Perkins School for the Blind Transition Center

Five Comfort Tools to Empower Your Driving

When driving a vehicle, sensory issues are important considerations for autistic people. Driving uses almost every sense in the body, like sight, smell, and sound, and all these senses are processed simultaneously, every time you get behind the wheel of a car. If you’re not able to process specific senses, that sensory issue could become a dangerous barrier to driving.

Comfort tools (tools that help address sensory needs) can address specific sensory issues and help ease issues when driving.

Young man sitting on car turning on radio

Here are five comfort tools for driving that have worked for me.

1. Music

Music can be a powerful comfort tool during driving. Research indicates that music, when self-chosen, can improve focus and decrease mind-wandering during tasks that require constant attention. Personally, once my favorite music is playing when I drive, I become hyper-focused, which enhances my driving. While my taste in music ranges from video game songs to Al Jolson and classic Hollywood movie scores, everyone’s taste varies. As long as you’re listening to the songs you prefer, you can use music as a comfort tool to increase your driving focus and experience. Please note that beginner and inexperienced drivers may find music to be more of a distraction than an aid.

2. Clothing

Comfortable clothing may also help during drives, especially if you have sensory issues with certain fabrics or tags. Wearing clothes that are comfortable can help cut down on sensory distraction and let you pay more attention to the road.

If there is a favorite piece of clothing that you own, wearing it while you drive may also help you feel confident and comfortable when you’re behind the wheel. For example, I have a favorite shawl I like to wear when I go on any major trips, such as a conference or tour. It helps me feel self-assured and relaxed, which makes me a better driver. The next time you’re heading out to your car, try grabbing that item of clothing you love and see if it helps.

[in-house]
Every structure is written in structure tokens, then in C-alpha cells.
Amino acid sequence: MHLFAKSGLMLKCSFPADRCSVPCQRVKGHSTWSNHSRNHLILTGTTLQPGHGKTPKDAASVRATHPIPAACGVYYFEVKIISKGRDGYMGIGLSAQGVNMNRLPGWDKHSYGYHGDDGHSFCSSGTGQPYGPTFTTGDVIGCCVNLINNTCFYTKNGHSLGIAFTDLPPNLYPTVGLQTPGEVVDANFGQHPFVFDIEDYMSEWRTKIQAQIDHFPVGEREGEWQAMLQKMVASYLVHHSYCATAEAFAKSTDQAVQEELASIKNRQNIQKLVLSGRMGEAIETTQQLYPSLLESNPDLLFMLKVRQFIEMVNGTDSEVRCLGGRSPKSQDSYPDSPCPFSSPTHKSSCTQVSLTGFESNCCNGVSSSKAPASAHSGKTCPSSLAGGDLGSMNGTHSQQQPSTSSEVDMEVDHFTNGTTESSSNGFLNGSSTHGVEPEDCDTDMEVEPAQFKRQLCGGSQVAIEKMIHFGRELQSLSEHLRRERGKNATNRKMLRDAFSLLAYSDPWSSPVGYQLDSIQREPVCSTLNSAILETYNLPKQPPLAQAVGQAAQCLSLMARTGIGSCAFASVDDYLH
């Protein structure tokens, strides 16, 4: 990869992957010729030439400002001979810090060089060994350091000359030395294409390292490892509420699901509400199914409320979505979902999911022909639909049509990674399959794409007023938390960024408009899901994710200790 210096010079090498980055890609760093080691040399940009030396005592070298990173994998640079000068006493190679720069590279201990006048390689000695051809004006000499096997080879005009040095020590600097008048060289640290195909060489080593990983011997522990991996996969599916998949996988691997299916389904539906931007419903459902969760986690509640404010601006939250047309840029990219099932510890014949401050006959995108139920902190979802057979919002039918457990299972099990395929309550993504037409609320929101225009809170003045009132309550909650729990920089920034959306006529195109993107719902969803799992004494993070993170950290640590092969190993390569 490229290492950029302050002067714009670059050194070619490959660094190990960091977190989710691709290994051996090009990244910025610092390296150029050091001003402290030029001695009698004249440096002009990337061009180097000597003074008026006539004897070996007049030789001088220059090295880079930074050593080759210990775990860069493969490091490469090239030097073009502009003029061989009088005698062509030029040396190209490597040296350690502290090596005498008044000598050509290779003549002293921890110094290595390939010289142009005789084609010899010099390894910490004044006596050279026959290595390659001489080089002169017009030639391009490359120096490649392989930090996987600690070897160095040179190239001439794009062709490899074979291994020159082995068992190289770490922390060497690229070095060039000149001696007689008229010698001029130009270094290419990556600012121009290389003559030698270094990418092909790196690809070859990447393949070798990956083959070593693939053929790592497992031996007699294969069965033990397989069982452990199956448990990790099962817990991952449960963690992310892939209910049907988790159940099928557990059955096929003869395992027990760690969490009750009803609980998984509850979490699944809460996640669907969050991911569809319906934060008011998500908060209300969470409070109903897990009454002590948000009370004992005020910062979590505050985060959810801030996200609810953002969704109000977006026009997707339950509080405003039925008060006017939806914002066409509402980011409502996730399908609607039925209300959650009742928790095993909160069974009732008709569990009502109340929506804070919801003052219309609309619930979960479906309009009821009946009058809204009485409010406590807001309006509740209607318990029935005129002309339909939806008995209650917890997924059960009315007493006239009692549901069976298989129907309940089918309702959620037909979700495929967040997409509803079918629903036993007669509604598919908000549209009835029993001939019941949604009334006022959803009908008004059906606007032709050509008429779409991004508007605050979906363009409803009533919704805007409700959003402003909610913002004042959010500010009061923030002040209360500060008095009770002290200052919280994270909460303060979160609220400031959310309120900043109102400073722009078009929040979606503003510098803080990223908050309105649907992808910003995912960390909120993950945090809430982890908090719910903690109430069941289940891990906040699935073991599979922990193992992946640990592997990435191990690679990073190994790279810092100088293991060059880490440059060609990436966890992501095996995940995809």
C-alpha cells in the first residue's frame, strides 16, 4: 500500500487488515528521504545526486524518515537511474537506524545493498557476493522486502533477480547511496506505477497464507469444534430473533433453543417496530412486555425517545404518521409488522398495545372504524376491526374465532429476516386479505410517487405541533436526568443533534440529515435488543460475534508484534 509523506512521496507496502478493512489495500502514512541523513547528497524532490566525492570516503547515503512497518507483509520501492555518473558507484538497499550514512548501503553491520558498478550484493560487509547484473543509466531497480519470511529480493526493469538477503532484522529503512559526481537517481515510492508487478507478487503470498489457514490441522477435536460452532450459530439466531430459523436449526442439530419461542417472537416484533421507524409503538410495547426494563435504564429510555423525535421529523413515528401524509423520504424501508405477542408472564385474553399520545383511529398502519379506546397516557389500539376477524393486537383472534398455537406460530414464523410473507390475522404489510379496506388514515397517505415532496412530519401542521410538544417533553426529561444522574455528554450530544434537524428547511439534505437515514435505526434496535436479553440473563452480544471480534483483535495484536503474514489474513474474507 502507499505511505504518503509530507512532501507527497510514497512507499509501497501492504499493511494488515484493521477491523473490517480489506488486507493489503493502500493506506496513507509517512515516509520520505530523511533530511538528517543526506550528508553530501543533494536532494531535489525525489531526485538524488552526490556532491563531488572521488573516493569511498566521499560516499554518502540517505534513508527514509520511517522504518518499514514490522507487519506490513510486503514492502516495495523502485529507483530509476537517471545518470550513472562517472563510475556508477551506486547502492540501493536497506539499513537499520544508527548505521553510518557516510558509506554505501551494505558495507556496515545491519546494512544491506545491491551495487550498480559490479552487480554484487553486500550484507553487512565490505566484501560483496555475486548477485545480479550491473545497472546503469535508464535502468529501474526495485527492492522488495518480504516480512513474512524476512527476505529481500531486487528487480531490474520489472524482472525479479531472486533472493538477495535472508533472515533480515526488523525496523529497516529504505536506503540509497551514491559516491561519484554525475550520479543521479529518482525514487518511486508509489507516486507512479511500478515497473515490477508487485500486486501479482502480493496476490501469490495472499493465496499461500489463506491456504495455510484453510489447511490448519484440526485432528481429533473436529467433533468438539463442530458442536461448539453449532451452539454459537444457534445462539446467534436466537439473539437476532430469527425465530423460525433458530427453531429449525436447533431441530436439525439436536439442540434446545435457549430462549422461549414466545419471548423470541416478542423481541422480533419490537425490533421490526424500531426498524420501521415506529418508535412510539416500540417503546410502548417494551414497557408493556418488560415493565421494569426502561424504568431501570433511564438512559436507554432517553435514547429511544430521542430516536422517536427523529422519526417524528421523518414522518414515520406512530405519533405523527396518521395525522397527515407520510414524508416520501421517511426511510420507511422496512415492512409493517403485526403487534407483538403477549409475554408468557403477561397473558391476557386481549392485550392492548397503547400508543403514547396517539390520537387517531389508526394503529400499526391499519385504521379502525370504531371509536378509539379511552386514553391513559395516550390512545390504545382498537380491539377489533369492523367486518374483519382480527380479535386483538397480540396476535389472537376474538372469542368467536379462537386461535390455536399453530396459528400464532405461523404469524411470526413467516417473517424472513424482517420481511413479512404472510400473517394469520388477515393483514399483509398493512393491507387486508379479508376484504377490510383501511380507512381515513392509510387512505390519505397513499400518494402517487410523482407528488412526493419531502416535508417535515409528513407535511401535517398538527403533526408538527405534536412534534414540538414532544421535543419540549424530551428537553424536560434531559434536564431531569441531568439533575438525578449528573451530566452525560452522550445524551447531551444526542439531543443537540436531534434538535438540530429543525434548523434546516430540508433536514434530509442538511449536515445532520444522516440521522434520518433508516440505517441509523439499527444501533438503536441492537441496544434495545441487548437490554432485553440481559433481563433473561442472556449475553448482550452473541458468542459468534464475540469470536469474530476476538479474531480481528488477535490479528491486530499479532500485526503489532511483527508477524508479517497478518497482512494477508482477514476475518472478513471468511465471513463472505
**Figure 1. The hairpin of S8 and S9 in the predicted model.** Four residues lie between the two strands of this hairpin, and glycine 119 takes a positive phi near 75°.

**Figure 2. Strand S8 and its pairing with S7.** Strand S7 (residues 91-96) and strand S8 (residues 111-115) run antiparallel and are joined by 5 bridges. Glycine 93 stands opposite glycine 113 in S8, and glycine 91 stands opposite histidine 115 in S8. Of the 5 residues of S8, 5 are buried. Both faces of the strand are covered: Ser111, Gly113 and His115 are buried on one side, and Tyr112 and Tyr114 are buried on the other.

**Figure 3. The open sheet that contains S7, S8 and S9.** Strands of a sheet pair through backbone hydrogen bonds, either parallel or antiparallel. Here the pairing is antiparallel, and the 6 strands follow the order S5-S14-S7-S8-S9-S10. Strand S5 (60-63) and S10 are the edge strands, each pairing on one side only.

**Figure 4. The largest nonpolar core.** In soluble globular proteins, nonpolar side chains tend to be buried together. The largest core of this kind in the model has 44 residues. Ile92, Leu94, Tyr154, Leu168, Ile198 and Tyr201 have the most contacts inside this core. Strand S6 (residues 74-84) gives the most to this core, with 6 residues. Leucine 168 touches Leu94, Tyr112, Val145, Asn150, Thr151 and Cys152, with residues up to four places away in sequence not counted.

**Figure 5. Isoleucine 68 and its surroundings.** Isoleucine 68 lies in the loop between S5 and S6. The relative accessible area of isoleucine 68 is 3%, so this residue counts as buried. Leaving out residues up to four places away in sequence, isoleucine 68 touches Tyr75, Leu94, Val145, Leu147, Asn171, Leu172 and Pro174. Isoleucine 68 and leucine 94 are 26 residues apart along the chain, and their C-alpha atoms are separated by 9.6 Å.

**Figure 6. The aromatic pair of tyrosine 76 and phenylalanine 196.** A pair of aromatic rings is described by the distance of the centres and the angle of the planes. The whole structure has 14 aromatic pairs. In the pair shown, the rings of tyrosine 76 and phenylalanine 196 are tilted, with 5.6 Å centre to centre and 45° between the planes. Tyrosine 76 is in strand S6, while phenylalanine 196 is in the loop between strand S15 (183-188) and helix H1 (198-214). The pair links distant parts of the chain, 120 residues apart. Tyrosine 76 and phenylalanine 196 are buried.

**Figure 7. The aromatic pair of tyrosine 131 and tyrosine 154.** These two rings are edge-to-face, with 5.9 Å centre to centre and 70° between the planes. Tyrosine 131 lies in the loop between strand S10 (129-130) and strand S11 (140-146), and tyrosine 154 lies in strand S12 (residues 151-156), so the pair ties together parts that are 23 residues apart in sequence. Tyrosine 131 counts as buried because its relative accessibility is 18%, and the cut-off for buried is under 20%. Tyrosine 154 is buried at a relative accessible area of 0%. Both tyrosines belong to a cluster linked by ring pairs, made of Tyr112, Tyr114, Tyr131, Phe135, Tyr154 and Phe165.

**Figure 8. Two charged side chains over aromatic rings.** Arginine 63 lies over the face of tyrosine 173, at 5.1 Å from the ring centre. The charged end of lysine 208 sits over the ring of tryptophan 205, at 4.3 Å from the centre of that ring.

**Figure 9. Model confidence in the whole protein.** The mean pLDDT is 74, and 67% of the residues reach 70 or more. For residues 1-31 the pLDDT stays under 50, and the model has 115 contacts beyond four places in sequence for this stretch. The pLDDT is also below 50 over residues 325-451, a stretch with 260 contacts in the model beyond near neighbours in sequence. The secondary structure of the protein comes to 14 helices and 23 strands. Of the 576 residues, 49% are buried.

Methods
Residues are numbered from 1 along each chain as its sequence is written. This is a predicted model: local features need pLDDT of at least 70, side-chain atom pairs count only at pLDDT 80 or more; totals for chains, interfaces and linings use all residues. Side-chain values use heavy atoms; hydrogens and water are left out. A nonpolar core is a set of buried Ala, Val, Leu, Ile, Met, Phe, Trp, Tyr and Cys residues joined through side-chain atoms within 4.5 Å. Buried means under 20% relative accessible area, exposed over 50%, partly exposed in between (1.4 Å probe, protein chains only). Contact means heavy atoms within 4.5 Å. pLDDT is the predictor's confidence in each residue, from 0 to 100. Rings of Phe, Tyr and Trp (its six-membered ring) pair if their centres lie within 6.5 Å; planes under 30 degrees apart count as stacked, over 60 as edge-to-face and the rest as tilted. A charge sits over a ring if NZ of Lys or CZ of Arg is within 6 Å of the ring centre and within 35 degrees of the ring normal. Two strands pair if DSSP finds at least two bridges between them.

3. Sensory Toys

The main reason for having a sensory toy in your car is for familiarity and comfort. Touching your favorite sensory toy when it’s safe to do so can help you self-regulate if you’re getting overstimulated. For me, my comfort tool is a Pokémon plushie hanging on my rearview mirror. I like to touch it to help keep me calm during traffic stops before the light turns green.

4. Mounted GPS

Having a mounted GPS in your car can be helpful and make your trips easier to manage. Mounts are especially useful since you do not need to move your eyes or head that much to get a quick glance. That leaves all your focus on driving itself. Please always drive safely and limit the use of other devices until after driving.

5. A Favorite Drink

Even mild dehydration can worsen reaction time and concentration, so staying hydrated is important when you’re driving. A favorite drink can also help you find comfort when you’re on a trip. Personally, cold coffee energizes me and calms my mind, but if caffeine gives you anxiety or other unpleasant sensations, you might consider water, decaffeinated tea, or something similar instead.

Overall, finding comfort tools can help you fulfill or regulate your sensory needs so you can drive safely the way you want to. What works for me may not work for you, and that’s okay. The cool thing about comfort tools is that there are boundless possibilities for finding the right items for you, and when you do, you can drive anywhere.

Andrew Arboe is a self-advocate currently employed at FOCUS Center for Autism. To contact him, email For more information about Andrew, please visit

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